We tell you how much they charge in fees and what you need to do to get your business on these platforms.
The Crepas París restaurant, located in the north of Mexico City, only remains on home delivery platforms so that its diners don’t forget about it.
María Angela Piña, owner of the restaurant, tells us in an interview with Tec Review why she doesn’t plan to abandon the two applications where she makes 55% of her sales: Sin Delantal and DiDi Food, although it’s less about the profits they generate than vanishing from the sight of these platforms’ users.
“We believe it’s important to maintain a presence. It’s one of the ways we keep working with the users. Now, we include a card in our deliveries with our WhatsApp number for them to make orders directly, so we can avoid the fee to the restaurant,” she says.
For many restaurants, being on these platforms isn’t a good deal. A lot of the fine print causes a loss of profits due to fees. In San Francisco, USA, they’ve limited the charge for application fees during the health emergency to 15% of total sales. This issue hasn’t been brought up yet in Mexico City and could affect restaurants if they continue at this pace.
We recommend: 3D technology: a key part of mapping the human genome
When trying to register your business on meal delivery apps like Rappi, the registration sites promise an increase of up to 30% in sales, increased exposure, and brand growth through these platforms that promise to be ideal for small and large businesses.
However, platforms such as Didi Food, Uber Eats, and Rappi have different types of contracts, exclusivity clauses, and promotions they prefer that restaurants use in order to increase their sales in the app.
Businesses need to know the factors that influence the use of these tools in order to avoid misunderstandings. In the case of Rappi, owners should know that there are different forms of contract in the app: marketplace and full service.
The former consists of restaurants being responsible for their operations; i.e. they do their own home deliveries. They don’t need the Rappi deliverers and they collect cash payments themselves.
The other mode is full service, which includes delivery service. The deliverers are in charge of collecting money. The vast majority of restaurants we contacted have this type of contract. The fee varies, as it does in Uber Eats, depending on the average purchase and the number of branches.
The second thing to be aware of is that the fee is variable based on business sales and whether you’re exclusive partners with Rappi. This means that the fee may be lower if other apps such as Uber Eats and DiDi Food aren’t used, although the amount is confidential and depends on the agreement reached with the business.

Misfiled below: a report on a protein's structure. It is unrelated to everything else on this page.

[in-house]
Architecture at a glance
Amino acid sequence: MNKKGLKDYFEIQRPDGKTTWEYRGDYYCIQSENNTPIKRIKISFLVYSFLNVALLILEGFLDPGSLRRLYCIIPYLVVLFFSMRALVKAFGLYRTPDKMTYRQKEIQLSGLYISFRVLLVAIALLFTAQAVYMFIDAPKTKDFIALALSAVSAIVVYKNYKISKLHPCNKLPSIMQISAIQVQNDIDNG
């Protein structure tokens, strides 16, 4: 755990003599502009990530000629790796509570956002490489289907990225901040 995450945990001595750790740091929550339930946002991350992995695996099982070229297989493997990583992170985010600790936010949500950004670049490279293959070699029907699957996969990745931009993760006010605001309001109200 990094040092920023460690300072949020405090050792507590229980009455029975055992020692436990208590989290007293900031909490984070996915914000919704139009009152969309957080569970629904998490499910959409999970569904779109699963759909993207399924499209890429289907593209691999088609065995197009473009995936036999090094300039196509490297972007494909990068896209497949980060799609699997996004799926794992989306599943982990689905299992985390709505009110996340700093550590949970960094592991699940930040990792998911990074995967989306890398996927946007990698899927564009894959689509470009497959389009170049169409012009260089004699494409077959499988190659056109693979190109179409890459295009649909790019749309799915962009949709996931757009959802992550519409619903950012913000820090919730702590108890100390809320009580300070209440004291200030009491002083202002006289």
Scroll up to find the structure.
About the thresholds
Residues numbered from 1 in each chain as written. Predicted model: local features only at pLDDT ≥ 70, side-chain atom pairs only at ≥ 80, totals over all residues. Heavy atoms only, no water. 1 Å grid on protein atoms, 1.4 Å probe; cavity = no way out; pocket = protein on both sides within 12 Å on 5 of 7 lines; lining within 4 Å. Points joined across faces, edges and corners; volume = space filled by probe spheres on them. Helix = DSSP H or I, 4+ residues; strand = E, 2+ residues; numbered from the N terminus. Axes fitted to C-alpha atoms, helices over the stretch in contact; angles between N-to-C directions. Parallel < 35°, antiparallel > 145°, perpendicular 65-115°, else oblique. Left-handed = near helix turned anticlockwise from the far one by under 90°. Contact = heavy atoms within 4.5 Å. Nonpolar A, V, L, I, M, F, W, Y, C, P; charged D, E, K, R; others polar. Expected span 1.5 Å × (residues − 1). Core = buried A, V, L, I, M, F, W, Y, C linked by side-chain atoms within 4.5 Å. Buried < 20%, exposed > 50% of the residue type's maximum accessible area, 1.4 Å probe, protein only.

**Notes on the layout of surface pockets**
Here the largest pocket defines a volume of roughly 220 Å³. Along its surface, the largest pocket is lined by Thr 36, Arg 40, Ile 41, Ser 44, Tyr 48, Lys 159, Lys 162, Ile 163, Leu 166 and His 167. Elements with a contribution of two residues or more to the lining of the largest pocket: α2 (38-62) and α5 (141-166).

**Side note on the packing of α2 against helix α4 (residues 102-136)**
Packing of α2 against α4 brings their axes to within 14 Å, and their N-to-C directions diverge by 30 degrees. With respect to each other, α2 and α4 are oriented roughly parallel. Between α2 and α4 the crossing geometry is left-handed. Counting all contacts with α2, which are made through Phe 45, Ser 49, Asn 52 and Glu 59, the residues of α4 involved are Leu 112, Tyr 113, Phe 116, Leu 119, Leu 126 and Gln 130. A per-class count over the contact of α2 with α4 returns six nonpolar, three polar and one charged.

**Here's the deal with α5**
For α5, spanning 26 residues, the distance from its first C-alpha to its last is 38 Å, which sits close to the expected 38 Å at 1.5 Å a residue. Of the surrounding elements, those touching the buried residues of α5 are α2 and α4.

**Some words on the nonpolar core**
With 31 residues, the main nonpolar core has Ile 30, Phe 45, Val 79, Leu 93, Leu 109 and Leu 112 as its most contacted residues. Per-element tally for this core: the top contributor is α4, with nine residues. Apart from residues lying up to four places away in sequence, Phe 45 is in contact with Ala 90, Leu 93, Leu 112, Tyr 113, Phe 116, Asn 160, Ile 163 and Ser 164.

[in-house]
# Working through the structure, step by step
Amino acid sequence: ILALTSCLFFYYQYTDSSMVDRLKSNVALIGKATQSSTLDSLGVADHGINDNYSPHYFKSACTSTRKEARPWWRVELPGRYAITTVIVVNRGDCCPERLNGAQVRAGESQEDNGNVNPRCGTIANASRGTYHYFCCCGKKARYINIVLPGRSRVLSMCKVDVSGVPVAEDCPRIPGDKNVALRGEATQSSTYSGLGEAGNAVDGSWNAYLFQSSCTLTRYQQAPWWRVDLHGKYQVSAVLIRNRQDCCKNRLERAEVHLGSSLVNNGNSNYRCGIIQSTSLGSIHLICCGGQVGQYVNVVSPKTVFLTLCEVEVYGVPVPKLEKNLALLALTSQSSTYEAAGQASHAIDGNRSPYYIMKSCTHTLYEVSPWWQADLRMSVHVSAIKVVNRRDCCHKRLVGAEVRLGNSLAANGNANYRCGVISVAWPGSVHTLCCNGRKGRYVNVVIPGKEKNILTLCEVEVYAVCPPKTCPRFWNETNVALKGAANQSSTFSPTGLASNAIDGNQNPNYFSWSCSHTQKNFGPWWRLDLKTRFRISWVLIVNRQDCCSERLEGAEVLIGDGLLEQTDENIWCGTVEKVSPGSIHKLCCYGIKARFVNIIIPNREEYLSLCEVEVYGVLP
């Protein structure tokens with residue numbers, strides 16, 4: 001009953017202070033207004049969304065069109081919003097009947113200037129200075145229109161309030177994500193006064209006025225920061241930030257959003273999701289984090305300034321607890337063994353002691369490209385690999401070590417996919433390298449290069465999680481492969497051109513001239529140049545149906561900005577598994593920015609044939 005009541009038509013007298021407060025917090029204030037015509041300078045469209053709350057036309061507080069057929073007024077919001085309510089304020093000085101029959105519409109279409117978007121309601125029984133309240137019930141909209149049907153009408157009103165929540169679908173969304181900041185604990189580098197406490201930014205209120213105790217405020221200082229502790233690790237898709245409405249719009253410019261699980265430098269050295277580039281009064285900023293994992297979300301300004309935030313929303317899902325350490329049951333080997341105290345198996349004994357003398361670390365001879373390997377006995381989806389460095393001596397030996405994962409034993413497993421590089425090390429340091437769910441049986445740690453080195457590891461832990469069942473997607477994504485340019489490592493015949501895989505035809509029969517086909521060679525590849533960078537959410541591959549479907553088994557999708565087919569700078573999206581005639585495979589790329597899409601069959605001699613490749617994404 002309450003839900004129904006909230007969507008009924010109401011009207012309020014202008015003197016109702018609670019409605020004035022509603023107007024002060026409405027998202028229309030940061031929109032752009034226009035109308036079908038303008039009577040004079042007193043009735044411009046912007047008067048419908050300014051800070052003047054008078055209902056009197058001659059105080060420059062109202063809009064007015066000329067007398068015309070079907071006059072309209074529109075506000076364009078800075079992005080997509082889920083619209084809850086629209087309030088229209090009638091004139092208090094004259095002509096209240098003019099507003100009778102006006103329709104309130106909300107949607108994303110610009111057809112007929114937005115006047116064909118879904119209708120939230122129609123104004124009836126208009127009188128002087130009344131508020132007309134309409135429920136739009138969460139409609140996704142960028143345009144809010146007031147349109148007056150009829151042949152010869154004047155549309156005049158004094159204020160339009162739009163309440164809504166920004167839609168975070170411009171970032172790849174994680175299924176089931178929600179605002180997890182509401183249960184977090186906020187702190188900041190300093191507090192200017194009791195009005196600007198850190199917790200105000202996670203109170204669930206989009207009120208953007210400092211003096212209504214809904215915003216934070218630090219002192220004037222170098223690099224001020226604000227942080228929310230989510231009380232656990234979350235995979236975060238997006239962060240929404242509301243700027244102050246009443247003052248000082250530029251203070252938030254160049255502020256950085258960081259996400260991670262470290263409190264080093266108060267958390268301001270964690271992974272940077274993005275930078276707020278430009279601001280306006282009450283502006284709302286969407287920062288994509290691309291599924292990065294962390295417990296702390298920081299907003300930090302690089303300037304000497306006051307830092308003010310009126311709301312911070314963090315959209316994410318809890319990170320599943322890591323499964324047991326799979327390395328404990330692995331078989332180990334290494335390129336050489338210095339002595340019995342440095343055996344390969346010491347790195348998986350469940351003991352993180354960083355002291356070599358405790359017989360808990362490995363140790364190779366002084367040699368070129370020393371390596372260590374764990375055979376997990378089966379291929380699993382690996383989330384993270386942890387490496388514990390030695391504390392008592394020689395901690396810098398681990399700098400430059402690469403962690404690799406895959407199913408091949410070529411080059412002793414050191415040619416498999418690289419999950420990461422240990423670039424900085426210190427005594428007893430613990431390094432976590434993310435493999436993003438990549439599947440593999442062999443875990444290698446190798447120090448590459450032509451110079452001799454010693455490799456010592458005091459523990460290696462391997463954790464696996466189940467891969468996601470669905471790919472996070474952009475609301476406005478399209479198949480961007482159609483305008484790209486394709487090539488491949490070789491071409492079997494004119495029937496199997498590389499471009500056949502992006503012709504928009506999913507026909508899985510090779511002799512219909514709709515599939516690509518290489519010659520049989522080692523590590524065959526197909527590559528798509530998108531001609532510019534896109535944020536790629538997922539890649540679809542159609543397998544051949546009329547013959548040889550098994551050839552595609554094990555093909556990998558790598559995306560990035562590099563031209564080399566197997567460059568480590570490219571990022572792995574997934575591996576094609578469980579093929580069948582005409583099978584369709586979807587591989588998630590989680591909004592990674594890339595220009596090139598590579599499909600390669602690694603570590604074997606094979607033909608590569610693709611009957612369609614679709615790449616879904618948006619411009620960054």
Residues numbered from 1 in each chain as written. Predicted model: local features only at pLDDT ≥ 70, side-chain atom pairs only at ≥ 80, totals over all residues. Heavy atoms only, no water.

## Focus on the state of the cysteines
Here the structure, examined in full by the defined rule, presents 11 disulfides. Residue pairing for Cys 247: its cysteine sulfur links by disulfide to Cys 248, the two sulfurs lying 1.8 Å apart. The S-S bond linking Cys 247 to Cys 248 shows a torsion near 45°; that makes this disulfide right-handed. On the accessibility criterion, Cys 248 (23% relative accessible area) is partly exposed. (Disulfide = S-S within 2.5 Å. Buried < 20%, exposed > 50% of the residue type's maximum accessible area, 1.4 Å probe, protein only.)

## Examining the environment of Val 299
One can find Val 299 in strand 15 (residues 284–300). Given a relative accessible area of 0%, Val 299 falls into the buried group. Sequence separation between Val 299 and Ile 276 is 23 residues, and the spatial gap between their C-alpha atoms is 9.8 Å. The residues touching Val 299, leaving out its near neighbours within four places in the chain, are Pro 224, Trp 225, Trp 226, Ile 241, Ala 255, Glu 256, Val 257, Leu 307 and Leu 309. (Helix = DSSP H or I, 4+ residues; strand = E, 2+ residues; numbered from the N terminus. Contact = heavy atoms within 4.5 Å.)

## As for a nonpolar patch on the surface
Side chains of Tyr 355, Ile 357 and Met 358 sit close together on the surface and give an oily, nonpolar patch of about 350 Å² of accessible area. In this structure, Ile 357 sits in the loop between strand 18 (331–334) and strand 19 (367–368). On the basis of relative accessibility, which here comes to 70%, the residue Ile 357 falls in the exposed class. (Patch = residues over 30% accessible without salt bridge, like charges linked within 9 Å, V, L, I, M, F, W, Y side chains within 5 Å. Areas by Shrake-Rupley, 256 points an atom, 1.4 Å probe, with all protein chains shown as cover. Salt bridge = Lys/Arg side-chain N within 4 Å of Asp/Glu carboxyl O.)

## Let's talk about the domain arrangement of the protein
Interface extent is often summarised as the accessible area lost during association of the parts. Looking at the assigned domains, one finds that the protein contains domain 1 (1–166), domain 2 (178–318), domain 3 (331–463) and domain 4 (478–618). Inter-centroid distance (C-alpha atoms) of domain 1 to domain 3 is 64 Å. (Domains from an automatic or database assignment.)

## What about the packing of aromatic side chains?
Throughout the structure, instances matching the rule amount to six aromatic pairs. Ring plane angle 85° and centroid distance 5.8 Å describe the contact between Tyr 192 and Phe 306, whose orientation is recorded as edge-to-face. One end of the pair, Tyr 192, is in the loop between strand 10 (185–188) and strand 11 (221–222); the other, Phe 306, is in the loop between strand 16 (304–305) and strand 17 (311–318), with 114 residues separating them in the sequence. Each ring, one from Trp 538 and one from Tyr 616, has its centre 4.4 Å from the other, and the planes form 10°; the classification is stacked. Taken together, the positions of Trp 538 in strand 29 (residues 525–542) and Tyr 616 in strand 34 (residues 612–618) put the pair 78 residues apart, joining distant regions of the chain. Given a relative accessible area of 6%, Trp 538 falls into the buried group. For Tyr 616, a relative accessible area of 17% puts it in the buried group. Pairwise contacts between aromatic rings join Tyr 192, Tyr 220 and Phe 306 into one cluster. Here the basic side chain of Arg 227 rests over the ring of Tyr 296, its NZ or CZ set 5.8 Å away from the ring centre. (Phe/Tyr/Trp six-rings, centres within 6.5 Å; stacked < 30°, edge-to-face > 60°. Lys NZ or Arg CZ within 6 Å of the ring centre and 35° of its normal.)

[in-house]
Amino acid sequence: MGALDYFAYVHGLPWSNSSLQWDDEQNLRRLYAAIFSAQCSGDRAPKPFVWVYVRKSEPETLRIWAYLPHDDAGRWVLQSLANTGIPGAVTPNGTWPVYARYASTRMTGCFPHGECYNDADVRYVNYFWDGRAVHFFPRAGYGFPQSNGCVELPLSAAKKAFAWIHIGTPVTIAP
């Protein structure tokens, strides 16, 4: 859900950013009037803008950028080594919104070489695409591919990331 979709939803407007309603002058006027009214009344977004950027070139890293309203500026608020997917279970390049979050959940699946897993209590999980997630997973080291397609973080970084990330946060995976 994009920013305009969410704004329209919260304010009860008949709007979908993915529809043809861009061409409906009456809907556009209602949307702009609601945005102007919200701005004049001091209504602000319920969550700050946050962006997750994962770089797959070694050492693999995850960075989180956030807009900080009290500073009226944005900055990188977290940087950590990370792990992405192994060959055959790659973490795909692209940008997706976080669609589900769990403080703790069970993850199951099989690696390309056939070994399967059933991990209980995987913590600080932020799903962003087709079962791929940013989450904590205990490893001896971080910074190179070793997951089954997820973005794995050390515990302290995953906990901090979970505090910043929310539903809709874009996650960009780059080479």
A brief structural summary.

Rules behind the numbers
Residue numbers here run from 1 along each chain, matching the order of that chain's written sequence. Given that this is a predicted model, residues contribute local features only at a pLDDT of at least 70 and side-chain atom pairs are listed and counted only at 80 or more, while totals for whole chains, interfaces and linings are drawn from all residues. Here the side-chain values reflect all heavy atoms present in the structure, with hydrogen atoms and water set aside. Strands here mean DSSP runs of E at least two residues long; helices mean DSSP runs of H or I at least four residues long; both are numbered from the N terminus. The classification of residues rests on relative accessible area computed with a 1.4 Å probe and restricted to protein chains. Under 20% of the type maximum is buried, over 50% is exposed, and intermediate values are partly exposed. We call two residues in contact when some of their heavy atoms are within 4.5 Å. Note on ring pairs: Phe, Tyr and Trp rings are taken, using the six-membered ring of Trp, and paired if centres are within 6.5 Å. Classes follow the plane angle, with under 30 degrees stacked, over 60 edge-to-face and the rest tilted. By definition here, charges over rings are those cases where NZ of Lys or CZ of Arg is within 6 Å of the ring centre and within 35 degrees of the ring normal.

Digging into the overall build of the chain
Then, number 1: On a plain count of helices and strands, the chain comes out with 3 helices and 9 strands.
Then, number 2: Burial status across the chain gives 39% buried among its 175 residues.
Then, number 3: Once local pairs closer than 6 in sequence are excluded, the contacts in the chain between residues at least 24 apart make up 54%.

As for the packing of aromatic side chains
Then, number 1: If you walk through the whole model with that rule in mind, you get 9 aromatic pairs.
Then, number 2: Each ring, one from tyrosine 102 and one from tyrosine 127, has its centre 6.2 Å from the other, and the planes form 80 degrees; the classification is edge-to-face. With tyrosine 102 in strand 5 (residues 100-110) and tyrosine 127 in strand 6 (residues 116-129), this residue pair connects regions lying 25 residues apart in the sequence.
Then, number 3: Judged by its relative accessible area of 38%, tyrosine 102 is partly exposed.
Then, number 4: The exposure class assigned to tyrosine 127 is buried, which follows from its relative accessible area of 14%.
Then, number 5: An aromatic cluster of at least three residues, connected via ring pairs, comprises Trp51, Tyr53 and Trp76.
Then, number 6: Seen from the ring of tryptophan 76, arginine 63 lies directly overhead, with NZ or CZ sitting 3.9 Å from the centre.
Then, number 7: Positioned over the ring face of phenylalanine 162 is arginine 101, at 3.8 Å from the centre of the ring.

A third point to be aware of is that signing with Rappi comes at no cost. The charge is a per sales commission plus VAT on each order placed through the app. Payments are made on a weekly basis and are based on the amount sold the previous week. The remaining amount is transferred to the bank account provided by the business.
While this service often has the lowest cost, it constantly suggests applying coupons or discounts at the point of sale for more growth opportunities and to optimize your business.
This platform continues to grow in the country. In April and May, demand for deliveries grew by 250%. In June, various restaurant chains such as La Casa de Toño, La Cervecería de Barrio, and Burger King also joined the app.
Recently, DiDi Food announced a new expansion program that integrates non-food retailers, such as pharmacies, to prevent further impact on their sales due to the lockdown. In addition, the Chinese company’s delivery app announced that during June and July it would absorb both VAT and income tax to support restaurants and help them overcome these difficult times. On August 1st, they began withholding 8% for VAT and 0.4% to 5.4% for income tax depending on each restaurant’s monthly turnover.
This app charges a 30% commission per sale, which is calculated to absorb delivery costs and to impact the community as little as possible.
Personal finance platform Fintonic published the study Consumption in Meal Delivery Apps during Covid-19 in Mexico, which found that when the health crisis began in the country, restaurant purchases through Rappi rose 10.98%, while they rose 6.24% for Uber Eats. Meanwhile, consumption in restaurants fell 280% compared to the period of March to May 2019.
According to data provided to Tec Review by the National Chamber of the Restaurant and Seasoned Food Industry (Canirac), more than 50% of the restaurants affiliated with the agency were registered on delivery platforms.
However, with fees like Uber’s, there are also business owners who have decided to create their own online sales strategies through apps such as WhatsApp in order to be able to do their own home delivery, with the aim of maintaining full employment at various locales.
“If you want to help your favorite restaurants more, call and ask for home delivery if you get the chance. That gives us more profit and helps us fight to survive,” says María Angela Piña.